Two Episcopal Church bishops, one active and one retired, are among the members of newly-announced committees of a proposed Anglican Church in North America, which is holding what it is calling its "inaugural provincial assembly" later this month.
The entity is proposed as an alternative Anglican Communion province in North America for those Anglicans who disagree with the theological and biblical interpretation stances of the Episcopal Church and the Anglican Church of Canada. While the Anglican Church in North America has not begun the process of requesting recognition from the Anglican Communion, the conservative Anglican leaders and former Episcopalians who make up the GAFCON/FCA Primates' Council of the Global Anglican Future Conference said in April that they recognize the entity "as genuinely Anglican and recommends that Anglican Provinces affirm full communion with the ACNA."
Keith Ackerman, the retired bishop of the neighboring southern Illinois-based Diocese of Quincy and an assisting bishop in Springfield, appears on the list as a member of the "Executive Committee (Lead Bishops Roundtable)," as well as committees on admissions and prayer book and common worship.
Neither Beckwith nor Ackerman responded to ENS' email and telephone requests for comment.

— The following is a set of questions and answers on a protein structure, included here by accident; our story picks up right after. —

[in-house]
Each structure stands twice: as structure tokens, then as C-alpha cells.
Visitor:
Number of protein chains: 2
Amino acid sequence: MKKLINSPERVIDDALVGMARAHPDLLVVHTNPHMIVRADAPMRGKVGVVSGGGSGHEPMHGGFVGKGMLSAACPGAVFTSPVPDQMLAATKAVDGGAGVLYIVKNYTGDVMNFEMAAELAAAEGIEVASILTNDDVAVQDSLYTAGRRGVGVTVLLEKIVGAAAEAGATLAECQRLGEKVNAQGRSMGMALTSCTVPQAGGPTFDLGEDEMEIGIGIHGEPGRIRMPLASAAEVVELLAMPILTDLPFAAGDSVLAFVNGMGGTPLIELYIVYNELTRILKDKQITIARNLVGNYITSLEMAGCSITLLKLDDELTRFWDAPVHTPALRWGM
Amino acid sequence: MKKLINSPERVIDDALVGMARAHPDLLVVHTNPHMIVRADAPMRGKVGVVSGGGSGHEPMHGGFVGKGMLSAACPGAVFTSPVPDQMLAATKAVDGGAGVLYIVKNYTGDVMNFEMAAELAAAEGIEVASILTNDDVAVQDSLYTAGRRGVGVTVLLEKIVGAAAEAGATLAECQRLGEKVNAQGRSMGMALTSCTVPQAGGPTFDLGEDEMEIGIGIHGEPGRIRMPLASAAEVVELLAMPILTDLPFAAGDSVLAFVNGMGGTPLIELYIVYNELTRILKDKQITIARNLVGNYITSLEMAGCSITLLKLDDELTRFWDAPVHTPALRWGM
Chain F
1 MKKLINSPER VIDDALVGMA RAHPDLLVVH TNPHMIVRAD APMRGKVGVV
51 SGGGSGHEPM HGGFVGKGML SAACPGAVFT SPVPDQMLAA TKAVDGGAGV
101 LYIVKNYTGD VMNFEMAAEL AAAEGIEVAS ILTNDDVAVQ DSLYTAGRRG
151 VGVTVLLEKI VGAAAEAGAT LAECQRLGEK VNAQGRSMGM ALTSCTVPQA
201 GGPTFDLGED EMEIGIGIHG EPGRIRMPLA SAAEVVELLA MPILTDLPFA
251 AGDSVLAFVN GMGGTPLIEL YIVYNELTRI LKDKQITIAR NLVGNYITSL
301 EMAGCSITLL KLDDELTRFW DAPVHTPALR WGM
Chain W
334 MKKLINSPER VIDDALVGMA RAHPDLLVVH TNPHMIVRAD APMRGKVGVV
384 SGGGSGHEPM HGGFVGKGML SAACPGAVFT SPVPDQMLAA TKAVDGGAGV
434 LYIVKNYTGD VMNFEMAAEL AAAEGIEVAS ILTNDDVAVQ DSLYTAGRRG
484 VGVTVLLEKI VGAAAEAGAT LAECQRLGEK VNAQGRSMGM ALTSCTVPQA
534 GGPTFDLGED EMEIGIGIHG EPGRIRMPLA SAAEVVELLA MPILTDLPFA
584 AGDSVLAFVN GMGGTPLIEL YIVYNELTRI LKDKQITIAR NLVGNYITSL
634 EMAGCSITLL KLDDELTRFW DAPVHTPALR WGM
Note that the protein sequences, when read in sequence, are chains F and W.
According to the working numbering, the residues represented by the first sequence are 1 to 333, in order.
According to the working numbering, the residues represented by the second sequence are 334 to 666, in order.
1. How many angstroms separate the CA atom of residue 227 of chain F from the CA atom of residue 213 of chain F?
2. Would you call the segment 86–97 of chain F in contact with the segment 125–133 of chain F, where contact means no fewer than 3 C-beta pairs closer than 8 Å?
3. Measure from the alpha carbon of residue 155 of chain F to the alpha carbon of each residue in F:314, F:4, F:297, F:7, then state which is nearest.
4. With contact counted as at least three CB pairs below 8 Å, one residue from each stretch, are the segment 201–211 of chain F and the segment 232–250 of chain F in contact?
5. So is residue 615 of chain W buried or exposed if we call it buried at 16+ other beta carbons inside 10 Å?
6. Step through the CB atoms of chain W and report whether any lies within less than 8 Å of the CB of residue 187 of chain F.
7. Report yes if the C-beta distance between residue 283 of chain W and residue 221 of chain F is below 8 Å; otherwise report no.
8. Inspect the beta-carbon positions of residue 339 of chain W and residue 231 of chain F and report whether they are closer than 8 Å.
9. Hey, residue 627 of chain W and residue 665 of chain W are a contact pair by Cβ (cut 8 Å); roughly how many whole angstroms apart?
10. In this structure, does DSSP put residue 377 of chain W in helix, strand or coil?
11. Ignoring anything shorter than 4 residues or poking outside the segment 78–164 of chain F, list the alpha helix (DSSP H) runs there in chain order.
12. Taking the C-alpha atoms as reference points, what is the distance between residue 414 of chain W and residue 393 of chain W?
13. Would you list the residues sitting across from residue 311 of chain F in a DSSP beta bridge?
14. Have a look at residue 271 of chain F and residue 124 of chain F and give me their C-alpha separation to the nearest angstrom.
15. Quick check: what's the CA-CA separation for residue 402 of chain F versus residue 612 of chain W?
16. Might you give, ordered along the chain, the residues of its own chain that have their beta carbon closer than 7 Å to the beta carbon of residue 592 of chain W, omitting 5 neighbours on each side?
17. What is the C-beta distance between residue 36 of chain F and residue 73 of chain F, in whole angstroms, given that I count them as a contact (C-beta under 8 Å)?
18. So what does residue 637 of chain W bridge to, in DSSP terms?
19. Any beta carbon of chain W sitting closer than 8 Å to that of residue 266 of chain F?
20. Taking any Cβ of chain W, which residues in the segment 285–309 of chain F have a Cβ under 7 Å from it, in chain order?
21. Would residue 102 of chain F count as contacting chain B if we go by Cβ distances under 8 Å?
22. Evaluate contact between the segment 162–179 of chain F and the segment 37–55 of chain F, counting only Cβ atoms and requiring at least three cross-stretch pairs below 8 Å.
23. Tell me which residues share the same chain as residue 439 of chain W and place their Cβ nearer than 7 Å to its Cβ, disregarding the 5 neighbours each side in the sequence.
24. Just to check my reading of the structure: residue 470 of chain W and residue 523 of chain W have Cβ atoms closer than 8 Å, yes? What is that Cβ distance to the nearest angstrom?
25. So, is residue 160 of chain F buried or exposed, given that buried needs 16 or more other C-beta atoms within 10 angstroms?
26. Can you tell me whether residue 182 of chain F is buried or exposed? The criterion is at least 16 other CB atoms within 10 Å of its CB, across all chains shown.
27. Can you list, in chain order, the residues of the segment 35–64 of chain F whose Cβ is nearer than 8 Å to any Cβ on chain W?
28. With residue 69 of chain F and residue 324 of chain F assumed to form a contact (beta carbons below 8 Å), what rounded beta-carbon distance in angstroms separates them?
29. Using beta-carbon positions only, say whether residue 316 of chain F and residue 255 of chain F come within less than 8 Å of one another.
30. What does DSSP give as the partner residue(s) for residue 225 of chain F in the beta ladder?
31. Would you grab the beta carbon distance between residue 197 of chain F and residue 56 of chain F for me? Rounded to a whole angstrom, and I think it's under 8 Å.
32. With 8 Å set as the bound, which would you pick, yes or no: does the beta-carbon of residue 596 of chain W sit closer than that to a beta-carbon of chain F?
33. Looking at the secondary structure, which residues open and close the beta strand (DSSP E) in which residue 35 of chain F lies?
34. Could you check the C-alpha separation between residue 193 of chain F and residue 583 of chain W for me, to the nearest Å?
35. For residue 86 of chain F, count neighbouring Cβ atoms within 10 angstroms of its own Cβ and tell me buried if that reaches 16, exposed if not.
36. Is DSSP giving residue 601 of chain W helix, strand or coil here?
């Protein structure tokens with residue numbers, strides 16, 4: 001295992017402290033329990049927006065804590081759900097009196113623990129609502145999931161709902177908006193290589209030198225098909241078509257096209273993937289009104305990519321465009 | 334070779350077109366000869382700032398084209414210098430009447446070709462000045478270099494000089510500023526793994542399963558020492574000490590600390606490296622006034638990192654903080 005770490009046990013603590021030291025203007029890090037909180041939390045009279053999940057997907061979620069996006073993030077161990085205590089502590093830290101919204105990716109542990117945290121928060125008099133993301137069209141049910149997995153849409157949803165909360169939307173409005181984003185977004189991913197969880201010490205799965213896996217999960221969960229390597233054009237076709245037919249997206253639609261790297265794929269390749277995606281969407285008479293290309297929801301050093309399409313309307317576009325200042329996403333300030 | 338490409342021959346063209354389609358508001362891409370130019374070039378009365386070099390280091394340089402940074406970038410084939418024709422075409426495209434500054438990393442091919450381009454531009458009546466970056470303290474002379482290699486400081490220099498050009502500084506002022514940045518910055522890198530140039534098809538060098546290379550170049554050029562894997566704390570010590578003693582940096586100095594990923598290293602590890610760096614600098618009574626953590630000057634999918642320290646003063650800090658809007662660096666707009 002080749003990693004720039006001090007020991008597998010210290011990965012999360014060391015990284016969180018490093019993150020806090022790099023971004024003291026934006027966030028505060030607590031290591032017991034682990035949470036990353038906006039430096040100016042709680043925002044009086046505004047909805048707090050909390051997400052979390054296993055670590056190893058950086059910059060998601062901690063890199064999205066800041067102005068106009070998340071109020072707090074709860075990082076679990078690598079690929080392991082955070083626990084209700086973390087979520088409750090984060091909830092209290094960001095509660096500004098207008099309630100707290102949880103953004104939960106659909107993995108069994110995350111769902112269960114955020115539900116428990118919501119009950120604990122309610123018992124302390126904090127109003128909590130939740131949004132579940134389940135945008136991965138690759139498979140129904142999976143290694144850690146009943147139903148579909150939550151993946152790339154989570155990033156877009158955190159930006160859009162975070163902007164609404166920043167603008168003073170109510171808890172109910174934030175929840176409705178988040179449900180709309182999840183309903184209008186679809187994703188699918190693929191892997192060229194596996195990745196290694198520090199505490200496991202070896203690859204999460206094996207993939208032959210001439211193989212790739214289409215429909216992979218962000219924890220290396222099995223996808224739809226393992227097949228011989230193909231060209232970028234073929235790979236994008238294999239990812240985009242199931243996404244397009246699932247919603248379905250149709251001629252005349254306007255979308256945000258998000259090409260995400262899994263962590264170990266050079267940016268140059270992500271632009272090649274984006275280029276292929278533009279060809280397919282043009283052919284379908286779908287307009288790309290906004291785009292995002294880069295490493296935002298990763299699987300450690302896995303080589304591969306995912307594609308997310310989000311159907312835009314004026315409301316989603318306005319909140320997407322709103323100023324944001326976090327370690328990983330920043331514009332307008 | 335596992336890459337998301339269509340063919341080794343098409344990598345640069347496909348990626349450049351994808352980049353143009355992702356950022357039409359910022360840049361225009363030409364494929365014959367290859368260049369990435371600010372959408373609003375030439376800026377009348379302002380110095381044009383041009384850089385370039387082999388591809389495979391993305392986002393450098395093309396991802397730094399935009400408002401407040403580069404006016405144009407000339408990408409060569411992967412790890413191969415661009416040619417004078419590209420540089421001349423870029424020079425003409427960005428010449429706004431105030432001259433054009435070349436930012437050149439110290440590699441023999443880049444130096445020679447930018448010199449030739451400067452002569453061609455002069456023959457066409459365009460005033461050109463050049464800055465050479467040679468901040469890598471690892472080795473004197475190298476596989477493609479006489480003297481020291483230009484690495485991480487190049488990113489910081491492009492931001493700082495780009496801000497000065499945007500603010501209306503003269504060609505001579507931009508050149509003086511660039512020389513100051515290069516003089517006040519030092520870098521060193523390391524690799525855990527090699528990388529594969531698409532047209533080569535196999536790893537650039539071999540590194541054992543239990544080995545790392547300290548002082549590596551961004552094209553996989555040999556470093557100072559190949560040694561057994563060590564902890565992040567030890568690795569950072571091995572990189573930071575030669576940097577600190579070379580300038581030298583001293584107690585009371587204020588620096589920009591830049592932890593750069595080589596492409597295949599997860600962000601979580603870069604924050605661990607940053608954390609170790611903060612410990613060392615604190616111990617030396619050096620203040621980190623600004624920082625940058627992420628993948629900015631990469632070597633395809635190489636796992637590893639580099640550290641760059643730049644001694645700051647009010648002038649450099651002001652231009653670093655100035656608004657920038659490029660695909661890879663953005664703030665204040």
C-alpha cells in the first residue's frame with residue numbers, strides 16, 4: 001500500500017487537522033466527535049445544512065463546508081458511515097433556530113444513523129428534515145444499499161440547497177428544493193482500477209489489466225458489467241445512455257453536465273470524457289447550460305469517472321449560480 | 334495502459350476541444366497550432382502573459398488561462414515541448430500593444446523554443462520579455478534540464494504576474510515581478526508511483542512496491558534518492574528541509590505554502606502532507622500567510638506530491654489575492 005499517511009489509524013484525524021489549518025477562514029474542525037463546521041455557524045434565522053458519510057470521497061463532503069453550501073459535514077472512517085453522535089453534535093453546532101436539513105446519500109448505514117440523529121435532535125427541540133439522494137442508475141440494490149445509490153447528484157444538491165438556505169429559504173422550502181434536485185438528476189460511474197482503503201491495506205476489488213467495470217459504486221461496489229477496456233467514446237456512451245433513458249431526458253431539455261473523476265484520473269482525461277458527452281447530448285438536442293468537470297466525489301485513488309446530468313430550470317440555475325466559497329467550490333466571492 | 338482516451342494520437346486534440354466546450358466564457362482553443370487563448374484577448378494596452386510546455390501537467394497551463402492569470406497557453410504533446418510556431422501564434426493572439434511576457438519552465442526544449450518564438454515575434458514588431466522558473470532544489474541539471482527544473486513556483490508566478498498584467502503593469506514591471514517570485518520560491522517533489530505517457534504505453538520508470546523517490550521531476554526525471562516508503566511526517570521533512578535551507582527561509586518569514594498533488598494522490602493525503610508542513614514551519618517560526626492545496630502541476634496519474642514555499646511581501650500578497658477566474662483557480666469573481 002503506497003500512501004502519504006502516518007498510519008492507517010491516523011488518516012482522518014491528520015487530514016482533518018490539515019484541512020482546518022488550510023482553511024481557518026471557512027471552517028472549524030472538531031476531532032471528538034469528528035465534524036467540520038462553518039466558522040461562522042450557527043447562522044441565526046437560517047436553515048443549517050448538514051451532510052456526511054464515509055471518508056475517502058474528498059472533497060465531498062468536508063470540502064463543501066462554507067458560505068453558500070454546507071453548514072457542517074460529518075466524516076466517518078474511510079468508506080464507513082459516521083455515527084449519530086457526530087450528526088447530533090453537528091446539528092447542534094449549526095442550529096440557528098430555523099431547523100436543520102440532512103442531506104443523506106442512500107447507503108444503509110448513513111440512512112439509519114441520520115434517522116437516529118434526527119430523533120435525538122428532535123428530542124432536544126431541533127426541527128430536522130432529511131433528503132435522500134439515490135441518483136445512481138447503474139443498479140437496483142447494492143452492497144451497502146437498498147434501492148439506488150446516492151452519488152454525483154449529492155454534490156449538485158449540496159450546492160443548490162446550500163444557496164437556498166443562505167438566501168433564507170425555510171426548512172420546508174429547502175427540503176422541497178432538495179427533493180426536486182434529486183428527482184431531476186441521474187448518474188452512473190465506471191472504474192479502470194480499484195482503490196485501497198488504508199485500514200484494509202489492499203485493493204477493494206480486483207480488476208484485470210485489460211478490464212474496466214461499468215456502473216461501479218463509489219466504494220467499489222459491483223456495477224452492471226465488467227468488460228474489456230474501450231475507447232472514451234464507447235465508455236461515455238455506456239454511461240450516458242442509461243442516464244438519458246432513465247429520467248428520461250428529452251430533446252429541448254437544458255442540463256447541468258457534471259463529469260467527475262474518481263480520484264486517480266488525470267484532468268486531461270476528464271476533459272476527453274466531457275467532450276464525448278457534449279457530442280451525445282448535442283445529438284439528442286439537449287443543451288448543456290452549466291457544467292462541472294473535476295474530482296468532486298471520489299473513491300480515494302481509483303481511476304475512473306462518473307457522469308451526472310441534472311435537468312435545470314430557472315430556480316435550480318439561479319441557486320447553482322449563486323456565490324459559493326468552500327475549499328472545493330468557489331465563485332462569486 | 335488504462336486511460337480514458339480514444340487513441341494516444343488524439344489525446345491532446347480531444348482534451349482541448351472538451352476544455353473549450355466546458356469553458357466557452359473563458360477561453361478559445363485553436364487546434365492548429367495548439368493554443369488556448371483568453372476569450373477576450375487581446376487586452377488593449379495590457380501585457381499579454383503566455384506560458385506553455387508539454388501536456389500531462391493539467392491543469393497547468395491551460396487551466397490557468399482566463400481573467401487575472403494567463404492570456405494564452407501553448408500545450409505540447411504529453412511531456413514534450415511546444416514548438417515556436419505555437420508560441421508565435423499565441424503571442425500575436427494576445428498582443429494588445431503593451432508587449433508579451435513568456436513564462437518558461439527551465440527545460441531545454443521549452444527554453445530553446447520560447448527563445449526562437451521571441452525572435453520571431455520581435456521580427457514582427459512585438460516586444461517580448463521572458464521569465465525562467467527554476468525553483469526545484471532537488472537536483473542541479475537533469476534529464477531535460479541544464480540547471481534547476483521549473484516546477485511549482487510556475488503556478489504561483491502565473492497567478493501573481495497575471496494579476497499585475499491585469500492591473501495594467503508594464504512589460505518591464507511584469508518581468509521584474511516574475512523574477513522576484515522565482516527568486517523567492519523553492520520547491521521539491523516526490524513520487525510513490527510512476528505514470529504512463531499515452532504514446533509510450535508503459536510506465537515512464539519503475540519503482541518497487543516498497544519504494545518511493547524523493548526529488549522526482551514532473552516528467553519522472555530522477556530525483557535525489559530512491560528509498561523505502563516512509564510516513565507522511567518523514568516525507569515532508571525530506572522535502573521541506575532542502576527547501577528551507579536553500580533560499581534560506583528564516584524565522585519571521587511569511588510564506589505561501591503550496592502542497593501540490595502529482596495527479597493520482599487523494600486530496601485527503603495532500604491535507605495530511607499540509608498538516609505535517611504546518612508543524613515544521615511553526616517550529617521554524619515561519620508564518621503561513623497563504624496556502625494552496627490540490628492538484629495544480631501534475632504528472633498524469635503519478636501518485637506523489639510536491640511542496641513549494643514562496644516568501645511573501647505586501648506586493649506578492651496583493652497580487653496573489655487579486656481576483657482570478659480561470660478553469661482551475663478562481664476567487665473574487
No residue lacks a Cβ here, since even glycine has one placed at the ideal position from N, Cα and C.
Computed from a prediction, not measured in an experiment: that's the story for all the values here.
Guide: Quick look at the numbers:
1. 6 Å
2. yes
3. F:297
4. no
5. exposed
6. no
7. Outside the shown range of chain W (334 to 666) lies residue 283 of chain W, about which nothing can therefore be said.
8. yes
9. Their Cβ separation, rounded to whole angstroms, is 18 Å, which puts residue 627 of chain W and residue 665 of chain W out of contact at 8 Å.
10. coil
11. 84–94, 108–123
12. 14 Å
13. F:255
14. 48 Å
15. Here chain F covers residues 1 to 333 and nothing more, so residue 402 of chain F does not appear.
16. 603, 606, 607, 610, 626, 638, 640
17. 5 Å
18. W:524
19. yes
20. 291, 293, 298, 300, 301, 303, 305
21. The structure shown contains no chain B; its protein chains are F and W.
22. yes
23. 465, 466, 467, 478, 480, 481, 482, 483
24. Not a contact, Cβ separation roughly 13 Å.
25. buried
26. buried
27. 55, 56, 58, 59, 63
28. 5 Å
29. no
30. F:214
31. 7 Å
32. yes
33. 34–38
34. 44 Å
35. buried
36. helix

Neva Rae Fox, public affairs officer for the Episcopal Church, said June 15 that her office had no comment on the bishops' involvement in the ACNA
The committee list includes each member's affiliation. Beckwith's is listed as the Anglican Communion Network. The group, formally known as the Network of Anglican Communion Dioceses and Parishes, began in 2003 and 13 bishops of the Episcopal Church, including Ackerman and Beckwith, were among its founders.
Ackerman resigned his seat in Quincy on November 1 last year, a week before the diocese's annual synod during which the delegates voted to re-align with the Argentina-based Anglican Province of the Southern Cone.
The Anglican Church in North America's June 22-25 meeting is being held at St. Vincent Cathedral in Bedford, Texas, which has not been relinquished by members of the Diocese of Fort Worth who have left the Episcopal Church. Those disaffiliated members include deposed Bishop Jack Iker, whose name also appears on the ACNA's Executive Committee (Lead Bishops Roundtable) list.
The meeting is due to ratify a proposed constitution and set of canons. Deposed Diocese of Pittsburgh Bishop Robert Duncan, who is expected to become the group's archbishop, said recently that the constitution and canons are "a very good starting place to be assessed as a characteristically Anglican Province."
The ACNA claims to have 700 congregations in 28 dioceses, "clusters" and "councils." A list allocating delegates from those entities includes the former members of the Episcopal dioceses of Fort Worth, Pittsburgh, Quincy and San Joaquin (California).
Duncan is the group's moderator. He organized those bishops and others into a group called the Common Cause Partnership. He pledged in September 2007 to spend the next 15 months organizing an Anglican entity in North America that would be recognized by at least some of the communion's leaders. In December 2008, he announced the formation of the new "Anglican province" in North America.